Reviews and occasional notes on classical music

Reviews and occasional notes on classical music

"Music, both vocall and instrumental, so good, so delectable, so rare, so admirable, so super excellent, that it did even ravish and stupifie all those strangers that never heard the like." - Thomas Coryat, after hearing 3 hours of music at the Scuola di San Rocco in Venice, 1608.

Monday, May 14, 2018

Ends of a continuum, plus one in the middle

Vaughan Williams: Mass in G Minor, Choral Works

Having just completed a review of a Vaughan Williams CD from Toronto, I'm back on familiar English turf with this new recording of his choral music from The Choir of St. John's Cambridge. However, here's fair warning that I'm going to stay on what might be a controversial topic: the question of Trans-Atlantic Vaughan Williams. The new disc is beautifully sung, and sounds outstanding. But I have a sentimental favourite for the G Minor Mass from the Olden Days of the long-playing record: the Roger Wagner Chorale on a 1961 Angel LP matched with a Bach cantata. Though never released on CD by EMI, there's a very good Pristine Classical re-issue of this most passionate recording from Los Angeles, with a small choir of some of the greatest American singers ever assembled. Though the complete list of singers isn't included in the notes, the Chorale at one point included the Hollywood superstars Marni  Nixon and Salli Terri. In a rave review of the Pristine Classical disc, SGS says "It comes down to rhythm. Vaughan Williams actually swings in this score, and British choirs don't. They tend toward bloodless piety. I think the work really benefits from Wagner's point of view outside the English cathedral tradition." I'm half way to agreeing with this, but I suspect my enthusiasm also comes from more than a bit of sheer nostalgia.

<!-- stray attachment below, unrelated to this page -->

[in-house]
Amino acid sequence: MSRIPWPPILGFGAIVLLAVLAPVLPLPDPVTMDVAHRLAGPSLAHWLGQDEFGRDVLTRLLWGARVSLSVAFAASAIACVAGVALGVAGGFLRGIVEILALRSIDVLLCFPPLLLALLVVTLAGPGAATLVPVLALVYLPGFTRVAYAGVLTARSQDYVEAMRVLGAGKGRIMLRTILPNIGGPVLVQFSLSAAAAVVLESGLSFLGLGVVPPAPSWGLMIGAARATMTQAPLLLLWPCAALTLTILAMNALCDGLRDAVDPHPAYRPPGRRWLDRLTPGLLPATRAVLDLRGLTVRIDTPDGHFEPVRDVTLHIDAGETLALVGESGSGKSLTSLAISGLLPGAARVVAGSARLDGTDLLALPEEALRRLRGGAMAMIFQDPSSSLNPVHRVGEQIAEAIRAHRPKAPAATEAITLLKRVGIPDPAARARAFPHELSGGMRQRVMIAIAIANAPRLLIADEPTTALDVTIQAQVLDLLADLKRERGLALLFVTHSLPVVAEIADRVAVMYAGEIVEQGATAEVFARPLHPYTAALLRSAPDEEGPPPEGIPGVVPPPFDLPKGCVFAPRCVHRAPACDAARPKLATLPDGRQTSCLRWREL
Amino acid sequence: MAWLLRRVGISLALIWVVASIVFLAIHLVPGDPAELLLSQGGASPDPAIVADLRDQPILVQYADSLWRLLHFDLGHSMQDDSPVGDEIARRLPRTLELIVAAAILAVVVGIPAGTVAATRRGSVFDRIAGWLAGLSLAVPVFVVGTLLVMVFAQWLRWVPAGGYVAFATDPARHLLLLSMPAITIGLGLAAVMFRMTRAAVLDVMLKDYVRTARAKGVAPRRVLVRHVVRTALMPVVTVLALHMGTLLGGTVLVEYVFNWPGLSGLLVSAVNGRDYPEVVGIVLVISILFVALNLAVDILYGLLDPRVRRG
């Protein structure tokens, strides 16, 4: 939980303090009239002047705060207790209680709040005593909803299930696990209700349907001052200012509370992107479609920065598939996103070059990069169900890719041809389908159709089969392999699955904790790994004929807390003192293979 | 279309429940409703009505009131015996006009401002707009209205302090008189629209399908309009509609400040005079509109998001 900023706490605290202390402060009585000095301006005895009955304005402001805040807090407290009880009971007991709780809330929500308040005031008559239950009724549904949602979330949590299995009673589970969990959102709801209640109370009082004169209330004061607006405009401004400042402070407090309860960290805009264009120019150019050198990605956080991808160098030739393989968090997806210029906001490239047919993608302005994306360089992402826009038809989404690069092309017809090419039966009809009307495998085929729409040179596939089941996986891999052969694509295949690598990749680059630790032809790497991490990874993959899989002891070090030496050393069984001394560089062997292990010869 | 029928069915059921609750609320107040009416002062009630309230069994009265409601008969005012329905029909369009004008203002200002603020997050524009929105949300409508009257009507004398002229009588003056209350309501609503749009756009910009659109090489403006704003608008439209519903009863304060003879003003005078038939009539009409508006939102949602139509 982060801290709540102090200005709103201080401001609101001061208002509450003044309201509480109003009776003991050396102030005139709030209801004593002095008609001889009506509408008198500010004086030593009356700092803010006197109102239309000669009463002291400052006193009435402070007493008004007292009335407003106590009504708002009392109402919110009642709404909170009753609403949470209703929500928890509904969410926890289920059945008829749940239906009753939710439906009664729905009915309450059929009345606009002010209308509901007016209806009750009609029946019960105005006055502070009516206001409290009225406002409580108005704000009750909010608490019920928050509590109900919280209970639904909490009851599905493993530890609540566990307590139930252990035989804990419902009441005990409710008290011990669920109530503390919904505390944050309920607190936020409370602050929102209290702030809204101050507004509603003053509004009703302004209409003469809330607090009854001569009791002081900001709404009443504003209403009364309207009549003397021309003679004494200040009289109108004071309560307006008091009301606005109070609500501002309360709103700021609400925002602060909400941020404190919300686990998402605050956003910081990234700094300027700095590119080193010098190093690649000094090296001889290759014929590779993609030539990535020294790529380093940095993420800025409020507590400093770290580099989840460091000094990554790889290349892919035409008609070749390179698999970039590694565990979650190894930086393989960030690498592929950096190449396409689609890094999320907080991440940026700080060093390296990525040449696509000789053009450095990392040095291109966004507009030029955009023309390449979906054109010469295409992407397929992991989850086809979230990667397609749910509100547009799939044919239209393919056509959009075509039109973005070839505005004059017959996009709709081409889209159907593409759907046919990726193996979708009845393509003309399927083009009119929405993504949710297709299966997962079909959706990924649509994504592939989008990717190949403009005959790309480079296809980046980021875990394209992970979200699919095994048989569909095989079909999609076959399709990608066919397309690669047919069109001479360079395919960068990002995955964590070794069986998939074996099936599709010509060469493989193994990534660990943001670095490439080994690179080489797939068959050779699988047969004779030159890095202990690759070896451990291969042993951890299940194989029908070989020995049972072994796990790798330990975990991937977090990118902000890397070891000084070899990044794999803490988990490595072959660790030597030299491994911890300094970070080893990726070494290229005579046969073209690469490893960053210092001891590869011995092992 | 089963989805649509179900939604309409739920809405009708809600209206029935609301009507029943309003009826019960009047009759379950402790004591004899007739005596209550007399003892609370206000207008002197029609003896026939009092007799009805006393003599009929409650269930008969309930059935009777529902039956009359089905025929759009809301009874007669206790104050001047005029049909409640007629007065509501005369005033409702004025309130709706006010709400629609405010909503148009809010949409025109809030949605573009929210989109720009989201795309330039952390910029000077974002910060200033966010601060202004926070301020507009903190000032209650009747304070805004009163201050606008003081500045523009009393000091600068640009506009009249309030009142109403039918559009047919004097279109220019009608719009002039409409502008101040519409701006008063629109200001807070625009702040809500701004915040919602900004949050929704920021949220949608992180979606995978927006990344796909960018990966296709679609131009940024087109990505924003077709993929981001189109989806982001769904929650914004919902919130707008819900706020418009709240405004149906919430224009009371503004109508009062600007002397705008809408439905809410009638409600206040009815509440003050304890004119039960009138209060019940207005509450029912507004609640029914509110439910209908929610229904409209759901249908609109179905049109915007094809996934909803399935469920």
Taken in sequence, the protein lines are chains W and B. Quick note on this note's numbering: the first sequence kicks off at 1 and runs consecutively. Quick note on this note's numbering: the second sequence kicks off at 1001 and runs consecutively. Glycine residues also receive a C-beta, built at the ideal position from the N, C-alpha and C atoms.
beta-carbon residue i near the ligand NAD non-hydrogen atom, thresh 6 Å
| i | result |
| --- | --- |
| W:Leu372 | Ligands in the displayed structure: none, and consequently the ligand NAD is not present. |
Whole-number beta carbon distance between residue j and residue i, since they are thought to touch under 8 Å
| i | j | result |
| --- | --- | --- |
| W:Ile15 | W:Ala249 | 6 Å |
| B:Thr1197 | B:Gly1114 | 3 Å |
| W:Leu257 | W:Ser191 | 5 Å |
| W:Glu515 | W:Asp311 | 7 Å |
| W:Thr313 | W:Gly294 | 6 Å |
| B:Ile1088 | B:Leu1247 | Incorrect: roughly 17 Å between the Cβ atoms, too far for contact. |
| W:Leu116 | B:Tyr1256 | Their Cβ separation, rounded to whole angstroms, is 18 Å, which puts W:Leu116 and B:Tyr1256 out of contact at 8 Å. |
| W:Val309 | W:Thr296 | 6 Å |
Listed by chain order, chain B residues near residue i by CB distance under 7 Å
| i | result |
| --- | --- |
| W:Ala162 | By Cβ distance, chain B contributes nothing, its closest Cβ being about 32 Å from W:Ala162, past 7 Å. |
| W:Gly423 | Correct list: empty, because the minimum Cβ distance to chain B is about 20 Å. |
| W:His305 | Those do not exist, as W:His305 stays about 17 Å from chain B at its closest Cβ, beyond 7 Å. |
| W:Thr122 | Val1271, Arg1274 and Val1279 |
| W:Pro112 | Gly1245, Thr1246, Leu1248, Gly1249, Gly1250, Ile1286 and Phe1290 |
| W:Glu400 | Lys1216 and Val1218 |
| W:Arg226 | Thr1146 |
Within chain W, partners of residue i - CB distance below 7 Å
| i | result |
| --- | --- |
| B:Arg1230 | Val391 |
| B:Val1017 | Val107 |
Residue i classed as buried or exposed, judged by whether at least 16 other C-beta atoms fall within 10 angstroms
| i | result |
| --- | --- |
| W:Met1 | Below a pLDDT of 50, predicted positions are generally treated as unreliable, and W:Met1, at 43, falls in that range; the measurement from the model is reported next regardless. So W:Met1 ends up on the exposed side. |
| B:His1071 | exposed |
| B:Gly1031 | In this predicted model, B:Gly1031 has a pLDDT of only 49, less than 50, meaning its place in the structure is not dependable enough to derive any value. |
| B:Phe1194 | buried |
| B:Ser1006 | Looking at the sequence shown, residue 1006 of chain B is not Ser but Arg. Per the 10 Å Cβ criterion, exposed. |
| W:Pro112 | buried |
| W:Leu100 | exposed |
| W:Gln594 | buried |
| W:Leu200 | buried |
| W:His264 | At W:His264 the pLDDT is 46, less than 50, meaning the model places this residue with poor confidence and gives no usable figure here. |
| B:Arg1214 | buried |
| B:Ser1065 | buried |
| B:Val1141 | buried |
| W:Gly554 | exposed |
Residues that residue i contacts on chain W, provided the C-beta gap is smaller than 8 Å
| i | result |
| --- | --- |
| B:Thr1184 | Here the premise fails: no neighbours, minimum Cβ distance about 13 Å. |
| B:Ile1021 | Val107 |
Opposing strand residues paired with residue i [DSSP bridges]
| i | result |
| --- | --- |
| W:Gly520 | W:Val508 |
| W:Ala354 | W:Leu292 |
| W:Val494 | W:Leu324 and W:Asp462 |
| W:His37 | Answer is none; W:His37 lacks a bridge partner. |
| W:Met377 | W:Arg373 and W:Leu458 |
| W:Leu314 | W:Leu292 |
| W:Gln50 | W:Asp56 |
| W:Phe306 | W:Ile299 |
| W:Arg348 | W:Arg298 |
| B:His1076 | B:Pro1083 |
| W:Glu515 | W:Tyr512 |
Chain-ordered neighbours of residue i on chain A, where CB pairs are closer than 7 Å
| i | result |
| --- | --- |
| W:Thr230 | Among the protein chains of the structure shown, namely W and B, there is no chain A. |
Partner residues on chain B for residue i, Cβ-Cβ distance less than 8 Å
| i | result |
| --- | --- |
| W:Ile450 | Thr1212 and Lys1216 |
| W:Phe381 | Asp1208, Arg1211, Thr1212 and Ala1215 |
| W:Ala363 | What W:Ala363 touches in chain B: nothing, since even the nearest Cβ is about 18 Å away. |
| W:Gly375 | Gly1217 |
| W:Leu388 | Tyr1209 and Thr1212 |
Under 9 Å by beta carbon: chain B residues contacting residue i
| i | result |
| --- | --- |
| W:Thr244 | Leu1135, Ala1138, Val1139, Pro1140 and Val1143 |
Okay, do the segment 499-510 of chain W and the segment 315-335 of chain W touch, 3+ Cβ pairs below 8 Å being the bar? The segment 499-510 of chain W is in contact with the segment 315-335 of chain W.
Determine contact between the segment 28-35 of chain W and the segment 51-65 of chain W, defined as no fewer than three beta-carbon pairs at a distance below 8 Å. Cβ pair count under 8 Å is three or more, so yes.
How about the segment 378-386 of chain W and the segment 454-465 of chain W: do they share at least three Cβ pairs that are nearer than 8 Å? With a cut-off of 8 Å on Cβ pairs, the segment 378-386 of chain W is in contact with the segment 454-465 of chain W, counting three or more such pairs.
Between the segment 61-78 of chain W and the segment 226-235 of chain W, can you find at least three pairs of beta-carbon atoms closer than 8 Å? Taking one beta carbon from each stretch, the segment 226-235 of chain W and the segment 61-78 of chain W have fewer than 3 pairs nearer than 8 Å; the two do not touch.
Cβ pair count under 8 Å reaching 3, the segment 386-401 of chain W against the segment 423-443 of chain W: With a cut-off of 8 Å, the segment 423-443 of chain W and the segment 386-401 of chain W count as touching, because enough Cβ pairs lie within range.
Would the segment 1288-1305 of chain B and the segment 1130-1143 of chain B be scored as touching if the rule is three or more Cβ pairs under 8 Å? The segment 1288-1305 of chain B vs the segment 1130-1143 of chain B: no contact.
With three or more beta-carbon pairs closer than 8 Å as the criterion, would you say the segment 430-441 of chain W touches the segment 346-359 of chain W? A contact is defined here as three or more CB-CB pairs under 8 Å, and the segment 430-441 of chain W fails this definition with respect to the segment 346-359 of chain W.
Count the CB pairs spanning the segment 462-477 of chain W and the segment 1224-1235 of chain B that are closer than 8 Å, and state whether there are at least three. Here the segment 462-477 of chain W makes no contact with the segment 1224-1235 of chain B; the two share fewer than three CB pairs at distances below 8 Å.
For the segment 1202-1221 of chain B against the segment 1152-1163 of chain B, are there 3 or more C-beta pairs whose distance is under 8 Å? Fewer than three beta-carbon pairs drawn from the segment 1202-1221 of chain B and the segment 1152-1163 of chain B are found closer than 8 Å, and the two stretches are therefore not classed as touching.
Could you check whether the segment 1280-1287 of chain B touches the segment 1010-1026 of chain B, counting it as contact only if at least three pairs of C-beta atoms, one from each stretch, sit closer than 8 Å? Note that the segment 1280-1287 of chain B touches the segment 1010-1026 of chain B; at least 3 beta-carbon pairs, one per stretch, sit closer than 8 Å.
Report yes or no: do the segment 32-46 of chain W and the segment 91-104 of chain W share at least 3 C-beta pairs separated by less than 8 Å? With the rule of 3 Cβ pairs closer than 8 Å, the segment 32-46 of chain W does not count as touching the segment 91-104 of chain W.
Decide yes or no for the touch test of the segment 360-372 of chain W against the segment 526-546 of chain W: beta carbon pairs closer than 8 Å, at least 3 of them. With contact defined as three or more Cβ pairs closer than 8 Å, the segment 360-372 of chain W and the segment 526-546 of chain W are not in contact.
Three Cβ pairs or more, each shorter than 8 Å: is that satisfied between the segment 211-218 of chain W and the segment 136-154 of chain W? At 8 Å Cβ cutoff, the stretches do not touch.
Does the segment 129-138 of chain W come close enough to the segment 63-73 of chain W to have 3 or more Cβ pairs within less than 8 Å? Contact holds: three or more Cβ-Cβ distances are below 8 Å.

The new disc, meanwhile, is from the Choir of St. John's Cambridge, which I assume puts it firmly in the English cathedral tradition. This performance of the Mass is cooler, more serene; at times it even sounds careful. So sure, looked at in a certain way you might call it bloodless, but then from another one might call the Roger Wagner version vulgar, especially considering the Leopold Stokowski style re-orchestration and recording gimmicks to highlight the work in the Hollywood style.  Vaughan Williams had in mind Byrd and Tallis, of course, but there are more modern influences from the Continent as well, including especially Ravel. We have, then, two completely different readings of this impressive work, each pretty much at an end of the continuum. It's probably very Canadian of me to introduce a (Canadian) compromise that fits nicely in the middle, with choral singing at the same high level as the other two: the 2002 Naxos recording with the Elora Festival Singers under Noel Edison. It's a sign of the greatness of Vaughan Williams' choral writing that three interpretations so completely different can all provide such pleasure.

This disc will be released on May 18, 2018

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